WASHINGTON (Reuters) - A top U.S. banking regulator said on Tuesday that naked credit default swaps create skewed incentives and that regulators need the power to restrict them.
The comments from Federal Deposit Insurance Corp Chairman Sheila Bair come as Congress tries to clamp down on the swaps and the $450 over-the-counter derivatives market. Credit default swaps, which were blamed for nearly toppling American International Group Inc, are sold to investors who want protection from the risks of a debt default.
But naked credit default swaps, where the holder of the swap does not own the underlying bond, have been blamed for driving down institutions and recently blamed by the Greek finance minister for his country’s financial woes.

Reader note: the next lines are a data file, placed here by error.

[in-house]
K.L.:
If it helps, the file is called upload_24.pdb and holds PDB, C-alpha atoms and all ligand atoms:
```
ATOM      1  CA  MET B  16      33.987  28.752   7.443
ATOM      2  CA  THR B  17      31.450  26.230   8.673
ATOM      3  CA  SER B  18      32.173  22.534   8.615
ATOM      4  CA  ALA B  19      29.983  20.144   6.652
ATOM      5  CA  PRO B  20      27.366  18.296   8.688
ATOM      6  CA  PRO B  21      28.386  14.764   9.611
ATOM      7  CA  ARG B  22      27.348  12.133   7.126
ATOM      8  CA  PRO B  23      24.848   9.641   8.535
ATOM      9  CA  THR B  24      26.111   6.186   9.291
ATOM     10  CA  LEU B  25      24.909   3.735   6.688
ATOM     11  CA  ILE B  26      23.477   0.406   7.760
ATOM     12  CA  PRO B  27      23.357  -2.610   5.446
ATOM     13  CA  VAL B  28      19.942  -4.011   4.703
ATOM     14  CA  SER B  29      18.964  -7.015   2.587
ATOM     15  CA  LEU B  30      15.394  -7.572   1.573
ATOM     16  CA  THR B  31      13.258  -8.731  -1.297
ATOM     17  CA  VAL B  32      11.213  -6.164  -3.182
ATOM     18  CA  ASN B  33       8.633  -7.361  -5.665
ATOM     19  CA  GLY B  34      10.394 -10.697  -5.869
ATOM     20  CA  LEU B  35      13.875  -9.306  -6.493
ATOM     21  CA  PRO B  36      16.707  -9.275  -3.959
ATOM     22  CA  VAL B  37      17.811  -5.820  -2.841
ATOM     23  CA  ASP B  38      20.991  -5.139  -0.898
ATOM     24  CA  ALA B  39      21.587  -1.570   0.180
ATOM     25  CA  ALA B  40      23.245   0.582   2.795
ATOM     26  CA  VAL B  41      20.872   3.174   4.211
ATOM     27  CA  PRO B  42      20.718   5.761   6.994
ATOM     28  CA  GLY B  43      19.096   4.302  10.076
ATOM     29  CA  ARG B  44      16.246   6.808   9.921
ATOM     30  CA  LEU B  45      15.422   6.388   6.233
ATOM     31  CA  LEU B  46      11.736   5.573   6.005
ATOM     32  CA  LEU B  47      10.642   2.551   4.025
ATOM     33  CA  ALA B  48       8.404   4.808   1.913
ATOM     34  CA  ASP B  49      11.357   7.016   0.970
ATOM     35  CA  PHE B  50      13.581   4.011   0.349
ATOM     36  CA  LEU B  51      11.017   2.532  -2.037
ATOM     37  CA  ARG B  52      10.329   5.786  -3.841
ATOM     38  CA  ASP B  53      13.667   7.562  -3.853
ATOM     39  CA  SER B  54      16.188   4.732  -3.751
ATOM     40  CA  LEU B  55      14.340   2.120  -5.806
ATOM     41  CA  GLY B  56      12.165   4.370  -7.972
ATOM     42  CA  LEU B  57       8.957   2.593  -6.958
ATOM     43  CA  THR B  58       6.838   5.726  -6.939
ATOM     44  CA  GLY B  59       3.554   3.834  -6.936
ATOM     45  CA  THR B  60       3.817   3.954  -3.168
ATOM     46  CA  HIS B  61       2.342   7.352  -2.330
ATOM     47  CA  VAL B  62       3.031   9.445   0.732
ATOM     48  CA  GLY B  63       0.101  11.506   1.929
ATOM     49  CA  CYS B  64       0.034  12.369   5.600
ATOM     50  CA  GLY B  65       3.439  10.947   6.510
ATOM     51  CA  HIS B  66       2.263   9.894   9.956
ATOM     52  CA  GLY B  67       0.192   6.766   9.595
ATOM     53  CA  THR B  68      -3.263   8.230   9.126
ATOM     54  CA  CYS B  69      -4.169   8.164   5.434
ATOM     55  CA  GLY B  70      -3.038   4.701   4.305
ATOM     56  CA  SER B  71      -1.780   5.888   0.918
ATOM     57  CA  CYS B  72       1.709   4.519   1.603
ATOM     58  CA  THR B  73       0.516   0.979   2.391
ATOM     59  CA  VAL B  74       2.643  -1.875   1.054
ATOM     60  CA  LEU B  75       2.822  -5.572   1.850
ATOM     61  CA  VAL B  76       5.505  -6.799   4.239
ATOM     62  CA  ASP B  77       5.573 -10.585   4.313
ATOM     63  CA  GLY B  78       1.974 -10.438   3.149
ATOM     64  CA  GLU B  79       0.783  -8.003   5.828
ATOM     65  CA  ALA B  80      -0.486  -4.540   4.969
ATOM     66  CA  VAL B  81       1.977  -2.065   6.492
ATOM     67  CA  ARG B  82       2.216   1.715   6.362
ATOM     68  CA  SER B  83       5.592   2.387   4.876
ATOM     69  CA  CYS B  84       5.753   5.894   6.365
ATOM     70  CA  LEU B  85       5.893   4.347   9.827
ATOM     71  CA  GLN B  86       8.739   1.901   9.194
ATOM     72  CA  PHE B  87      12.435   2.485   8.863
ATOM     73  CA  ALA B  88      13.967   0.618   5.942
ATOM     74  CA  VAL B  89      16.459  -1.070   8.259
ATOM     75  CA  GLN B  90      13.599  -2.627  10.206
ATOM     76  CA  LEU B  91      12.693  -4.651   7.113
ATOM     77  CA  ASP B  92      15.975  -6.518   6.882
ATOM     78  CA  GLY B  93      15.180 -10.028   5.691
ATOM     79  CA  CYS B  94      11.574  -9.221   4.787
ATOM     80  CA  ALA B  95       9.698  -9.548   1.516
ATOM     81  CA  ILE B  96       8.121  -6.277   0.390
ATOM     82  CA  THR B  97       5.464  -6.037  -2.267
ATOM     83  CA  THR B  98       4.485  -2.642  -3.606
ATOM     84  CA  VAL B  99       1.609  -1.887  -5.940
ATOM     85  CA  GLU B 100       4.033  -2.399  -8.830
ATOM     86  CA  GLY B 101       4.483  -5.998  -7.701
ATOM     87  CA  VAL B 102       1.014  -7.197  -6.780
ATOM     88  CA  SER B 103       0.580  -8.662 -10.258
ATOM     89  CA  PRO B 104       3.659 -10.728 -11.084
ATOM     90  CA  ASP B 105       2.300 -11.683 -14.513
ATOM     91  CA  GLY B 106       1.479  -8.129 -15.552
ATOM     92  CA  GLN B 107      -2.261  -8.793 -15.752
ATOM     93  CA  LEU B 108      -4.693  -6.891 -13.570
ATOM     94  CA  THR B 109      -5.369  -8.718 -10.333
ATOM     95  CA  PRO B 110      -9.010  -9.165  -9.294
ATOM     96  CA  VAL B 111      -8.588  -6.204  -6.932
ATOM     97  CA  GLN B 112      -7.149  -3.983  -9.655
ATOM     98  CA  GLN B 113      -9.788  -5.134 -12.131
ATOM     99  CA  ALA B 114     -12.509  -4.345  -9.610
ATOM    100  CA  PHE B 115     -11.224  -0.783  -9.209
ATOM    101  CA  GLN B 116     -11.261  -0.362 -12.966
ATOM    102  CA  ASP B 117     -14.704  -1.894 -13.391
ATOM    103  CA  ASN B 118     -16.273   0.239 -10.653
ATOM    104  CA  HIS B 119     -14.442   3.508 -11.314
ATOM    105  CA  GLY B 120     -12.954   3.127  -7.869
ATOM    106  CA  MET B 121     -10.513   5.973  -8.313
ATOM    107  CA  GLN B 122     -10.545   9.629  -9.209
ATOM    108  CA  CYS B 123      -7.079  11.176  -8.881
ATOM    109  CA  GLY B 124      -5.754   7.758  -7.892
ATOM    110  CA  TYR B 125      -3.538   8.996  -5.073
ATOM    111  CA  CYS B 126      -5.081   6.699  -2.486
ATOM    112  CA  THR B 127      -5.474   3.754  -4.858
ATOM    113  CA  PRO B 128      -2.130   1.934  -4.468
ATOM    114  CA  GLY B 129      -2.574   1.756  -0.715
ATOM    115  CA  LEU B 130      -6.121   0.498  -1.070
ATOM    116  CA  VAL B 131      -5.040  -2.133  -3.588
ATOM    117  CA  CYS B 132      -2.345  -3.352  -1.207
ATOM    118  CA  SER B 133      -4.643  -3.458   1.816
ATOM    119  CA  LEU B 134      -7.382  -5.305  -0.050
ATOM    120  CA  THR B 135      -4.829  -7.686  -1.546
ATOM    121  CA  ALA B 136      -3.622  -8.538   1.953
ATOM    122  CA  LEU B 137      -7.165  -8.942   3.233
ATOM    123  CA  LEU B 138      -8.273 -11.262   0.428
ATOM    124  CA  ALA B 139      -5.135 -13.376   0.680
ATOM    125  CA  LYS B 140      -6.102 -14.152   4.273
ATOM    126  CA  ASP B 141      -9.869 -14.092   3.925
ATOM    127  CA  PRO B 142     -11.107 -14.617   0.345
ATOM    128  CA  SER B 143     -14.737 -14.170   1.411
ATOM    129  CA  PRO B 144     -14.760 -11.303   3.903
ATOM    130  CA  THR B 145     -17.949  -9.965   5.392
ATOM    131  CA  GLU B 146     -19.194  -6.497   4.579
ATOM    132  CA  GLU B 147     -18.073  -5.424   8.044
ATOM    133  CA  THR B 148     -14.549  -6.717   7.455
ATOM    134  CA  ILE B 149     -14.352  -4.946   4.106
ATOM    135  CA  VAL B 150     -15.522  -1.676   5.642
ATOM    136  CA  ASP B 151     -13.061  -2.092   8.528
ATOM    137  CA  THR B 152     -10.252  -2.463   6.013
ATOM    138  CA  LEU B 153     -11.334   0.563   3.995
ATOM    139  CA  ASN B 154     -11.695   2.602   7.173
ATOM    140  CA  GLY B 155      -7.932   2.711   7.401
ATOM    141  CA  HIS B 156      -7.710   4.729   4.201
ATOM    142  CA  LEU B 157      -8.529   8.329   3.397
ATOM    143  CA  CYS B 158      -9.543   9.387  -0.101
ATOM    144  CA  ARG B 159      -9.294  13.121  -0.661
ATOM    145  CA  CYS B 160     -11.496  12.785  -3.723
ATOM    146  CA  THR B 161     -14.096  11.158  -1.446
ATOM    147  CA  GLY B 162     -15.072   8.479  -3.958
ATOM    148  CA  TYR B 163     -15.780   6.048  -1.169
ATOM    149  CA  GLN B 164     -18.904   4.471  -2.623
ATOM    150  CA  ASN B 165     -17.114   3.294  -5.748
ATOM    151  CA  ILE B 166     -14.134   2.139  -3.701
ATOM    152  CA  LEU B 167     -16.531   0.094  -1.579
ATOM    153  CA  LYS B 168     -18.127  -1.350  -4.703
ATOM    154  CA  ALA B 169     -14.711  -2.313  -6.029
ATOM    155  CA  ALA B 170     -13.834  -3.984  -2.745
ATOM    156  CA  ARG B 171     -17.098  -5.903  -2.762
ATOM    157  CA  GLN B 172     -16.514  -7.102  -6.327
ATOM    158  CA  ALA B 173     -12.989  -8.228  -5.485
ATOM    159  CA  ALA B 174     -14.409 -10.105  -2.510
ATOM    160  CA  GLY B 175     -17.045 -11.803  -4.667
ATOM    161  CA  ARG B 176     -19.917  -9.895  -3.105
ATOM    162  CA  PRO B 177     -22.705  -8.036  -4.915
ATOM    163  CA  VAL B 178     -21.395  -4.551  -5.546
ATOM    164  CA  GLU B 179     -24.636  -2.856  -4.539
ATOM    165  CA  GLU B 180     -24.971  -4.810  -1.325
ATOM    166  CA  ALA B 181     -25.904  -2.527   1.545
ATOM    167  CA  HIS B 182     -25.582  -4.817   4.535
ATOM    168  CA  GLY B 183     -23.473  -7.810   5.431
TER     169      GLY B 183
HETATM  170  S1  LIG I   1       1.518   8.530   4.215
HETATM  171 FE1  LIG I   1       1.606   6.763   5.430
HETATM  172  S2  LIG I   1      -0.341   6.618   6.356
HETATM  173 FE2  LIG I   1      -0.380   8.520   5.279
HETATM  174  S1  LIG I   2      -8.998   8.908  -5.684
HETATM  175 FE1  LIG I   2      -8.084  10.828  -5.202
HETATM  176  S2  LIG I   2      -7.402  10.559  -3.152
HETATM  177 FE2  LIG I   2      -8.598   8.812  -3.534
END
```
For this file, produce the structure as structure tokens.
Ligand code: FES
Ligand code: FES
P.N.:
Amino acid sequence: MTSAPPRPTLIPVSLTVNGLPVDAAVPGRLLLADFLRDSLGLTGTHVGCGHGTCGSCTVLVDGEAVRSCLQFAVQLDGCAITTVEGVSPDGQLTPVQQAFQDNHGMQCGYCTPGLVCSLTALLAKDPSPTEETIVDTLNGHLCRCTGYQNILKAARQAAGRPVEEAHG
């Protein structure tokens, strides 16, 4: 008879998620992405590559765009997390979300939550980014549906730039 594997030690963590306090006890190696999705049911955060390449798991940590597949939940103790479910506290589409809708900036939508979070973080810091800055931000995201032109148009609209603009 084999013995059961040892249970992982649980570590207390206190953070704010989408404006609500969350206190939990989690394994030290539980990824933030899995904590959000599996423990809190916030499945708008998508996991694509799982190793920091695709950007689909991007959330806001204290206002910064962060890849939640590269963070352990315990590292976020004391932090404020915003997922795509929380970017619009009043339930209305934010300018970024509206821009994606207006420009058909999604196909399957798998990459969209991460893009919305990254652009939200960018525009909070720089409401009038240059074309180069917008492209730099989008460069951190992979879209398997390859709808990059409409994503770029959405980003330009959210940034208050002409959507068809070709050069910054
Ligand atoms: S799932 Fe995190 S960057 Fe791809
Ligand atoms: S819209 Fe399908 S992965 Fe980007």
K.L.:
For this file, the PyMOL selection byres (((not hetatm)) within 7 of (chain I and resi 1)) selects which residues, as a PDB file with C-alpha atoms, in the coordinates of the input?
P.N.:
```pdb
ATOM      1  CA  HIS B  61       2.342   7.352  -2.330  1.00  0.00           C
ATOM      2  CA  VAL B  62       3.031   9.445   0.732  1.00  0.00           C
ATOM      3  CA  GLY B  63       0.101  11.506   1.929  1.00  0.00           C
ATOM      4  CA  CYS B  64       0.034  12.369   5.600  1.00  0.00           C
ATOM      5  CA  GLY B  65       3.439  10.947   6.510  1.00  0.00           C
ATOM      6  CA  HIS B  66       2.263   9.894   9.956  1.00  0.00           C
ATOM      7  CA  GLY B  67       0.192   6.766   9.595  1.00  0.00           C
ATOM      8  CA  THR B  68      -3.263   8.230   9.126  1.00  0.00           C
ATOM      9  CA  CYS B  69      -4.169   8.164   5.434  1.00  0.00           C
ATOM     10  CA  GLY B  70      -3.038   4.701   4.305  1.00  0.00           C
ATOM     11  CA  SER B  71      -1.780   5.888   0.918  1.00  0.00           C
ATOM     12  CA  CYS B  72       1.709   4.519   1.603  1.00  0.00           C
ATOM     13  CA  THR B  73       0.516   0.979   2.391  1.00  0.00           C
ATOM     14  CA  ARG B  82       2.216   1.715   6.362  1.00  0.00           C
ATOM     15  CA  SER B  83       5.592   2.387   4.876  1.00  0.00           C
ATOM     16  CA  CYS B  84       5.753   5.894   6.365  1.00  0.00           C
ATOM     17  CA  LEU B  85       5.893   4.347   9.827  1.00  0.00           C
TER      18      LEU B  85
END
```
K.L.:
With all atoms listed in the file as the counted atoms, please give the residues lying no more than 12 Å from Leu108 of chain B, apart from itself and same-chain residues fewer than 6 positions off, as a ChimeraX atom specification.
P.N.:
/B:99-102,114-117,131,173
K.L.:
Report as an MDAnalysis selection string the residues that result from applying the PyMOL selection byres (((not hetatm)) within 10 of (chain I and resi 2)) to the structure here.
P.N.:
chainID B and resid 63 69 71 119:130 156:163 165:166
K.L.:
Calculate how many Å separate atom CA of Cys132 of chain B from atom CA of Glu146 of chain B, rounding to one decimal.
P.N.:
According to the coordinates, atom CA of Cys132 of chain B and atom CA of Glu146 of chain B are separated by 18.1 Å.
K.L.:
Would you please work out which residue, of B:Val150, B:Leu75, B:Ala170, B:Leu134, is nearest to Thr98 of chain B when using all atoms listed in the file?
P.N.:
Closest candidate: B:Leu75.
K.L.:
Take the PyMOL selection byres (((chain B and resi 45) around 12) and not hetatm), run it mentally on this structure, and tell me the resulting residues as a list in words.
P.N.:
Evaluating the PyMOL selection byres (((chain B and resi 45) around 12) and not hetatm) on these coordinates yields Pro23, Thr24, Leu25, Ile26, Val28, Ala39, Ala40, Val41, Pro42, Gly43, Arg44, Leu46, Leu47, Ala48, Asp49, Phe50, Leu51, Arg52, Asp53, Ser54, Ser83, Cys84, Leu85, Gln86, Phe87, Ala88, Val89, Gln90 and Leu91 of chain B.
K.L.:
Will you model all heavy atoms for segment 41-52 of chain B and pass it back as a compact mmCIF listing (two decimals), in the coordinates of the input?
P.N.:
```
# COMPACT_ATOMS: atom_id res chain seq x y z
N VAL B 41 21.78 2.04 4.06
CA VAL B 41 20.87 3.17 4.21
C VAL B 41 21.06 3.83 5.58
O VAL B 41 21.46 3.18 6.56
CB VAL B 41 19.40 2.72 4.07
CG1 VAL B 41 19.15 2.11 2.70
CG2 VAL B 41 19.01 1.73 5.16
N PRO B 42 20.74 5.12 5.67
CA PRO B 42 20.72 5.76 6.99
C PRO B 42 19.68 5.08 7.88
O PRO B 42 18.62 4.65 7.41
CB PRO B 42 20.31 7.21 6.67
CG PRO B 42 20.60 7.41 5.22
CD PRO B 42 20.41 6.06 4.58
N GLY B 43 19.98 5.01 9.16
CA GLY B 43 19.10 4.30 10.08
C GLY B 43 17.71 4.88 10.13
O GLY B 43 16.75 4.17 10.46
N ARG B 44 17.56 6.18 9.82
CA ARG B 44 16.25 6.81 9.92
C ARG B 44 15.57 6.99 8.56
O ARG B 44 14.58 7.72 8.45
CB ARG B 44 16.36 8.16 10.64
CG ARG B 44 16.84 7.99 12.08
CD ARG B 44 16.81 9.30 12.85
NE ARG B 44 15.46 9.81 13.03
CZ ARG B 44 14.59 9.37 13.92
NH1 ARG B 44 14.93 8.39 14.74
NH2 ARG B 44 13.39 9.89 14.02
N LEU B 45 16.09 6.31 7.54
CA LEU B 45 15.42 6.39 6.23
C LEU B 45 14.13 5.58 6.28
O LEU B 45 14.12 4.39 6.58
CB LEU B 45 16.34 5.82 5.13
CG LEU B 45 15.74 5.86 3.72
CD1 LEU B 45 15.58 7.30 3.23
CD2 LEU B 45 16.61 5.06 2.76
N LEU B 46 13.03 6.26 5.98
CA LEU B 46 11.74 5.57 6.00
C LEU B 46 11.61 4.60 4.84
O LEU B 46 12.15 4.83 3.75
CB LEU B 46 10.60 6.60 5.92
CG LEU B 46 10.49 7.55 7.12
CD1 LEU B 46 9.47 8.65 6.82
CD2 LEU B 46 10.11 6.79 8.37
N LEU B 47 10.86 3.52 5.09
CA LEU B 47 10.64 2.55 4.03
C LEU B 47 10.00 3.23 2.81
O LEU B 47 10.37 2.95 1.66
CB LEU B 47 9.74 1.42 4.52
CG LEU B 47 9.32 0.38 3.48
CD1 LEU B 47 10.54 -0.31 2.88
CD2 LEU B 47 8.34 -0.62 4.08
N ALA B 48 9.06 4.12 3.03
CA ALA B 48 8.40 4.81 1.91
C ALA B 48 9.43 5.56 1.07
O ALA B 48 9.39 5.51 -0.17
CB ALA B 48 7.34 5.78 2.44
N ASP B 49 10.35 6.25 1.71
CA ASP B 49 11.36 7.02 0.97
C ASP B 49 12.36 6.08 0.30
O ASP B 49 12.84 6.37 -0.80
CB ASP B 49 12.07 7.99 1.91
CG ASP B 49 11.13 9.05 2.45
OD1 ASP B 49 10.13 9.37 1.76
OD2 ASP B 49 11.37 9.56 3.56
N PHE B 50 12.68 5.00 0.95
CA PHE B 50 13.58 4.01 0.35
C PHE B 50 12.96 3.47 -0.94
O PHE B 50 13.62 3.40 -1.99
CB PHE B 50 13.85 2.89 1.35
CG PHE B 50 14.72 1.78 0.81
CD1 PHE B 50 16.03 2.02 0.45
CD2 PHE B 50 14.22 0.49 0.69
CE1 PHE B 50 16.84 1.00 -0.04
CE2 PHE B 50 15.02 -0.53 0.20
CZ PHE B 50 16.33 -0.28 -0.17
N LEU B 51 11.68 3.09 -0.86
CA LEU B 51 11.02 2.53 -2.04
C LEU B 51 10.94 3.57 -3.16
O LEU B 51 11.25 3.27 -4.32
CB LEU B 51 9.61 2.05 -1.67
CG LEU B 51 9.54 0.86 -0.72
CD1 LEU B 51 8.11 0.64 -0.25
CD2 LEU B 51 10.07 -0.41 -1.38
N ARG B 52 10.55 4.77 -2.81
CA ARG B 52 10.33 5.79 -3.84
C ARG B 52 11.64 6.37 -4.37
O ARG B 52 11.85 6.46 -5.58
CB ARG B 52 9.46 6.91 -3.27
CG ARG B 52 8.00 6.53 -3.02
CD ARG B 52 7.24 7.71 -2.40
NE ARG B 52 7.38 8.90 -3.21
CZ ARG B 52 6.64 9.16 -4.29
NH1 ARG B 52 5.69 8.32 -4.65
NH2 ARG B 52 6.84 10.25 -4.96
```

“Naked credit default swaps, I think that is something the regulators should have the power to constrain, absolutely,” FDIC Chairman Sheila Bair told the Reuters Global Financial Regulation Summit in Washington.
“I worry a lot about the CDS market. It does create skewed incentives,” she said.
Reporting by Ann Saphir and Rachelle Younglai; Editing by Tim Dobbyn
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